I love this so much!! The shop bought costumes are always too long for my little lovely, will give this a go. You could easily change the colours and go for a totally different look. At my speed, she’ll be the Christmas fairy!

Reply
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[…] even for toddlers. I’m proud of my first time garment sewing and I give all credit to Prudent Baby’s online tutorial. What a great one it is too! Share this:TwitterFacebookLike this:LikeBe the first to like […]

Reply
Sarah

Thank you for this tutorial! I just made this costume for my daughter (almost 4), and it is absolutely adorable! She *loves* it. This is so much cuter than the store-bought costumes and I just love making Halloween costumes if I can swing it.

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Stacie

Thank you so much Prudent Baby for this fabulous tutorial!!! I made the whole thing from scratch & it didn’t nearly take me as long as I thought it would! I just need to acquaint myself with the grommit’s & then it will be complete! Will link your tute to my page once everything is complete :)

Reply
A J Duke

I just got a request from my 2 1/2 year old granddaughter to make this for her. I have 2 weeks to make it. It will be made out of blue material because she wants to be Periwinkle, Tinkerbell’s friend. I hope I’ll be able to pull it off. It is a beautiful little costume. Thanks for sharing.

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Liz

I bought all the materials yesterday to make this for my toddler and she is SO excited. What does it mean in Step #3 to cut the fabric “the length of your yard” for the straps? Could you please specify if this cut piece should be 36″ long or the width of the bolt? I want to be sure before I cut anything. Thanks!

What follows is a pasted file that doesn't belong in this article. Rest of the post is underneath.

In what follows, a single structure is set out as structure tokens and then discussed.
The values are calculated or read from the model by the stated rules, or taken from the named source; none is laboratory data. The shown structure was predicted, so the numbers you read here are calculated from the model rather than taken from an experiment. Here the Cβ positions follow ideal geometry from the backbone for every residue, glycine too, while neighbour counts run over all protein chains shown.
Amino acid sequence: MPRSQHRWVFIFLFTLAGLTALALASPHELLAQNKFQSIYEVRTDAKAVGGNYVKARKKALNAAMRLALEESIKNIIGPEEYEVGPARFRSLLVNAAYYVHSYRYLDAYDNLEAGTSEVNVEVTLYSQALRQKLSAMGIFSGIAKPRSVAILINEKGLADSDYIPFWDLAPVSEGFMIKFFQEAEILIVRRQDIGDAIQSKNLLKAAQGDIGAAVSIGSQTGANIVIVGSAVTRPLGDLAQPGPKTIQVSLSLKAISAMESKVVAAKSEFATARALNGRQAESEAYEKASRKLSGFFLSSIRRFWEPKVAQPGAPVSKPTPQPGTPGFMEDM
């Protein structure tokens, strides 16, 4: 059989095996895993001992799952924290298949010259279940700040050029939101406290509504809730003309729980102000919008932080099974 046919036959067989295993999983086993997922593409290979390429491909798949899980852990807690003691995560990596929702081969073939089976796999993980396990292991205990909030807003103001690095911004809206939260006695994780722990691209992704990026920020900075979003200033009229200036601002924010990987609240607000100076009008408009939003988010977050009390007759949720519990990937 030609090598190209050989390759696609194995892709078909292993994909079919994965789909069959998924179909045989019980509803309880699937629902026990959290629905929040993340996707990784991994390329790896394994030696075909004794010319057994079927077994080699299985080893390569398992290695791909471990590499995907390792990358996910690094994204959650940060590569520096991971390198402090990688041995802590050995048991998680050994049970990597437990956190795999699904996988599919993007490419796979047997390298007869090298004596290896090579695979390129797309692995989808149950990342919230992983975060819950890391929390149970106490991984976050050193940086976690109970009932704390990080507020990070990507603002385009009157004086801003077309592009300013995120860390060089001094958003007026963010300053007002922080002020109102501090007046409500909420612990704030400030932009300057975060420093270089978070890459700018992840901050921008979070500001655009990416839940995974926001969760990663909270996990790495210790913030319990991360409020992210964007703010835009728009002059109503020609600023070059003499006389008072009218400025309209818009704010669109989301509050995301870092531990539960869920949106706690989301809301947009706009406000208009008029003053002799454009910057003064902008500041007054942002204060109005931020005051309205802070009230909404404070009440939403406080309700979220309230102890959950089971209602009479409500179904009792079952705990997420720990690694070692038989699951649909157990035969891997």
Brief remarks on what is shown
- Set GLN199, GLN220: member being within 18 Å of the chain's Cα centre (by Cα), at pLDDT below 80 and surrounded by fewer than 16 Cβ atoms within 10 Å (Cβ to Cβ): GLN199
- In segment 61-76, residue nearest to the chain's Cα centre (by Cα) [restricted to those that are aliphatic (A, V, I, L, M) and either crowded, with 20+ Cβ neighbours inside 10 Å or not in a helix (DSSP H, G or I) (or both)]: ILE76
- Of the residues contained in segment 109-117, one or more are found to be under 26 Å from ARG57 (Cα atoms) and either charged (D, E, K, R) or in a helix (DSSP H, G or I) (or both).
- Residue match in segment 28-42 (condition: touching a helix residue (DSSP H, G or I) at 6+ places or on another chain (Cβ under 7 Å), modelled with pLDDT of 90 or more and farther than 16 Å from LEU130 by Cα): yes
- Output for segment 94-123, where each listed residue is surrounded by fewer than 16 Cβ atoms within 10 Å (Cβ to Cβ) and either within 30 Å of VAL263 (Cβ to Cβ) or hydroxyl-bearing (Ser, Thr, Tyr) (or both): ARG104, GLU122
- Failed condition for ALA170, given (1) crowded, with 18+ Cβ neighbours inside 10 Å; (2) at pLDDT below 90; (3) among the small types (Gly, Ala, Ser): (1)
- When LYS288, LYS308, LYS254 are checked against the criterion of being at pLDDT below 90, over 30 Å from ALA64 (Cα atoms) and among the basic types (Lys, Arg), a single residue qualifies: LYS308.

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Jenny

Beautiful and worth every bit of your time to see Scarlett’s happy face. jennylarking at gmail dot com

Reply
mommyto3gr8ones

I think your costume is awesome looking and you did a really great job, it looks like something you could sell for a lot of money. Have you thought about doing that? Selling some of your clothing? I ask because I had this page pinned….until I came and realized that amount of ads I was going to be encountering. Every time I hit my scroll button, another ad popped up. Way too annoying to deal with so I deleted the pin and will not be pinning another page of your pages while the ads run rampant. I bet you could sell your clothing and make just as much if not more, since your sewing abilities are top-notch, than these ads are paying you. Then you could remove some of the ads. Just an idea. :)

Reply
Kate

After looking at countless Tinkerbell costumes, I stumbled on your DIY…Stunning! Both the dress and your little girl :). Wish I could sew as this is this is the best costume I have seen. Love.

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Clau

I love it!! I’m going to make it this week! it’s the best tutorial I’ve found so far!!

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Jagoda

Amazing dress. Looks exactly like a Thinkerbell’s dress! And, whats the most important, your tutorial is very readable.

Cheers from Poland!